With investor sentiment towards China declining in recent months, the outlook for HSBC (LSE: HSBA) has deteriorated in the eyes of many investors. Certainly, the growth rate of the world’s second largest economy is slowing and there are concerns regarding the health of its banking system. However, in the long run it remains a hugely enticing opportunity for banks such as HSBC to meet rising demand for credit from China’s expanding middle class.

In the short run though, there are worries about the performance of HSBC given the near-term outlook for China. As a result, its shares have fallen by 15% since the turn of the year and this has caused its dividend yield to rise to a whopping 7.5%. That’s almost twice the FTSE 100’s 4% yield and shows just how bearish the market is regarding HSBC’s future prospects.

However, HSBC remains a very financially sound bank with a sensible strategy to improve its cost-to-income ratio. For example, it’s cutting staff numbers and seeking to generate productivity improvements across the business, which is likely to boost its profitability over the medium term. But even if profit growth isn’t forthcoming, HSBC’s dividend is still covered 1.5 times by profit and this indicates that the chance of a dividend cut is slim.

Furthermore, with the bank trading on a price-to-earnings (P/E) ratio of just nine, there’s tremendous upside potential from a rerating in the coming years. Therefore, while the market is fearful regarding HSBC’s future prospects, it could be a good time for income and value investors to buy it for the long term.

Sound buy?

Also suffering from declining investor sentiment in recent weeks has been industrial company Morgan Advanced Materials (LSE: MGAM). Its shares are down by 14% since the turn of the year and a key reason for this is the expected decline in the company’s bottom line. In fact, Morgan Advanced Materials is expected to report a 4% fall in its net profit for 2015, with the same fall forecast in the current financial year.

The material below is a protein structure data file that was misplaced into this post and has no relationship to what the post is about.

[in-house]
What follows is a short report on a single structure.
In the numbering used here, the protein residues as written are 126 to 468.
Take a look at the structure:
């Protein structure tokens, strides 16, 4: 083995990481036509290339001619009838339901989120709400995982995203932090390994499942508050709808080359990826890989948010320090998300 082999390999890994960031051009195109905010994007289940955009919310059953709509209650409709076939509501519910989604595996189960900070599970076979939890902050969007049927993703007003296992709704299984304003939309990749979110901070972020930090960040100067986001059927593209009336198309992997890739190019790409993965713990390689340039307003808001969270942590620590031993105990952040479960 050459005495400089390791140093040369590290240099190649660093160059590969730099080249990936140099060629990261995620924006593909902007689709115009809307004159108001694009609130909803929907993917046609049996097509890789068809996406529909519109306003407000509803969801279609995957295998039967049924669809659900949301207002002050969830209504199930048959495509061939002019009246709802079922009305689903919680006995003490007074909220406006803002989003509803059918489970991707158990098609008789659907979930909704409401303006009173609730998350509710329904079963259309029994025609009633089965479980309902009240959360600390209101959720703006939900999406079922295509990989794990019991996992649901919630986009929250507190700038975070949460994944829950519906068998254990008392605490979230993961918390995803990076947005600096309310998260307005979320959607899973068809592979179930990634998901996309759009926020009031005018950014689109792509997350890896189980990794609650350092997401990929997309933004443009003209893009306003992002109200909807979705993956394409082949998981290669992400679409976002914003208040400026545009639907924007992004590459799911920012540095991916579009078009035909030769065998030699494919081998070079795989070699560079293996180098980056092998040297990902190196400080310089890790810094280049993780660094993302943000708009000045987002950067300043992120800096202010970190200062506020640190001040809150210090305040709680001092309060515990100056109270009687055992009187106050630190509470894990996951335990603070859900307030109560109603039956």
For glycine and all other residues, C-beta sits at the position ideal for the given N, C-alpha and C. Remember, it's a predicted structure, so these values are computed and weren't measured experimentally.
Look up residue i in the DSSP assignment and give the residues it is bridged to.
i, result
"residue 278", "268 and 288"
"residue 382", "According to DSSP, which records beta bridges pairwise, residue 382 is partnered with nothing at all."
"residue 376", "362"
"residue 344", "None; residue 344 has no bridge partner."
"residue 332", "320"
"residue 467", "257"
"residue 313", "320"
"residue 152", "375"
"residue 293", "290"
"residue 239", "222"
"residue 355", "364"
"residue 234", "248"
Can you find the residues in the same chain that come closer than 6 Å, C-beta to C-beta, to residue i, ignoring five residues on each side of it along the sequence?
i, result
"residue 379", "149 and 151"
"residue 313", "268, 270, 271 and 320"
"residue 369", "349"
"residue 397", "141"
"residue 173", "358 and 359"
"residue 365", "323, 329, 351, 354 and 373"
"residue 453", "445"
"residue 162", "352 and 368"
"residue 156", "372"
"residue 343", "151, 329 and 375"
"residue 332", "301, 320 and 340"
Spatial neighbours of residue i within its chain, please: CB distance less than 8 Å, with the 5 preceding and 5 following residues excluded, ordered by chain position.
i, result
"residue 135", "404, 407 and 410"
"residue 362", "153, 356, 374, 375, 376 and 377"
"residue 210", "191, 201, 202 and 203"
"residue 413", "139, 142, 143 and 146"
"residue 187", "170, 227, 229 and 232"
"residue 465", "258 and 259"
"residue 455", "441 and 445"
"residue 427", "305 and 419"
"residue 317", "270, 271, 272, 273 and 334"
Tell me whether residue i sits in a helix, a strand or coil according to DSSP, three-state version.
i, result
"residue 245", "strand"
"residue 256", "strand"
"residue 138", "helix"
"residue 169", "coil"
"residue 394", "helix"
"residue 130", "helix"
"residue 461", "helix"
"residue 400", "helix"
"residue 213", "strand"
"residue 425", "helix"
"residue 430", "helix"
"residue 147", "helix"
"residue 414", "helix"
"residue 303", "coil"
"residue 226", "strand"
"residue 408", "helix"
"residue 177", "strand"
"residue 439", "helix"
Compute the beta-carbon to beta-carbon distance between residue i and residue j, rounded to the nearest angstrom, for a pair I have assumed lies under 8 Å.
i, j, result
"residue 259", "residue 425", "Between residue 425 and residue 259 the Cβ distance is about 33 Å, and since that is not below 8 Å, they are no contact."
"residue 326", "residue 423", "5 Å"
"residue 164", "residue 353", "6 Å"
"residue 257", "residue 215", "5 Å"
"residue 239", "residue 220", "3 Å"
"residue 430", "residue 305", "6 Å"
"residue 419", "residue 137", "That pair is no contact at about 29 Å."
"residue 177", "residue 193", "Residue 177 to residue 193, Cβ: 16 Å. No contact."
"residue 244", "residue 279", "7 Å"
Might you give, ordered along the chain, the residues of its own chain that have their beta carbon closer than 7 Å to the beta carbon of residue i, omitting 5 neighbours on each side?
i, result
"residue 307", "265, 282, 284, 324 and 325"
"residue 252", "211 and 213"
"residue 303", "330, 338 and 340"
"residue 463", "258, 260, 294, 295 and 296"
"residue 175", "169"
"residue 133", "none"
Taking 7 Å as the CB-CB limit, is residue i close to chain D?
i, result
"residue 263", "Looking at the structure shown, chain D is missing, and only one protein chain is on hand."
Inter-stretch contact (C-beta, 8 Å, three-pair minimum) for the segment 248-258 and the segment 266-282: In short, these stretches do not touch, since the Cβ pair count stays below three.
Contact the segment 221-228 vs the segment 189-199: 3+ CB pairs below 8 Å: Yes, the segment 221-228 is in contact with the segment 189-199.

This clearly reduces its headroom when making dividend payments, but with shareholder payouts expected to represent just 57% of profit in the current year, there seems to be adequate scope to increase dividends over the short-to-medium term, even if profitability comes under pressure. And like HSBC, there’s scope for an upward rerating to Morgan Advanced Materials’ valuation, since it trades on a forward P/E ratio of just 10.4 at the present time.

Certainly, industrial companies such as Morgan Advanced Materials are more susceptible to deterioration in the global macroeconomic outlook, with demand for their products being relatively cyclical. However, with a well-covered yield of 5.5% and a low valuation, it appears to be a sound buy for the long term.

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Peter Stephens owns shares of HSBC Holdings. The Motley Fool UK has recommended HSBC Holdings and Morgan Advanced Materials. We Fools don't all hold the same opinions, but we all believe that considering a diverse range of insights makes us better investors.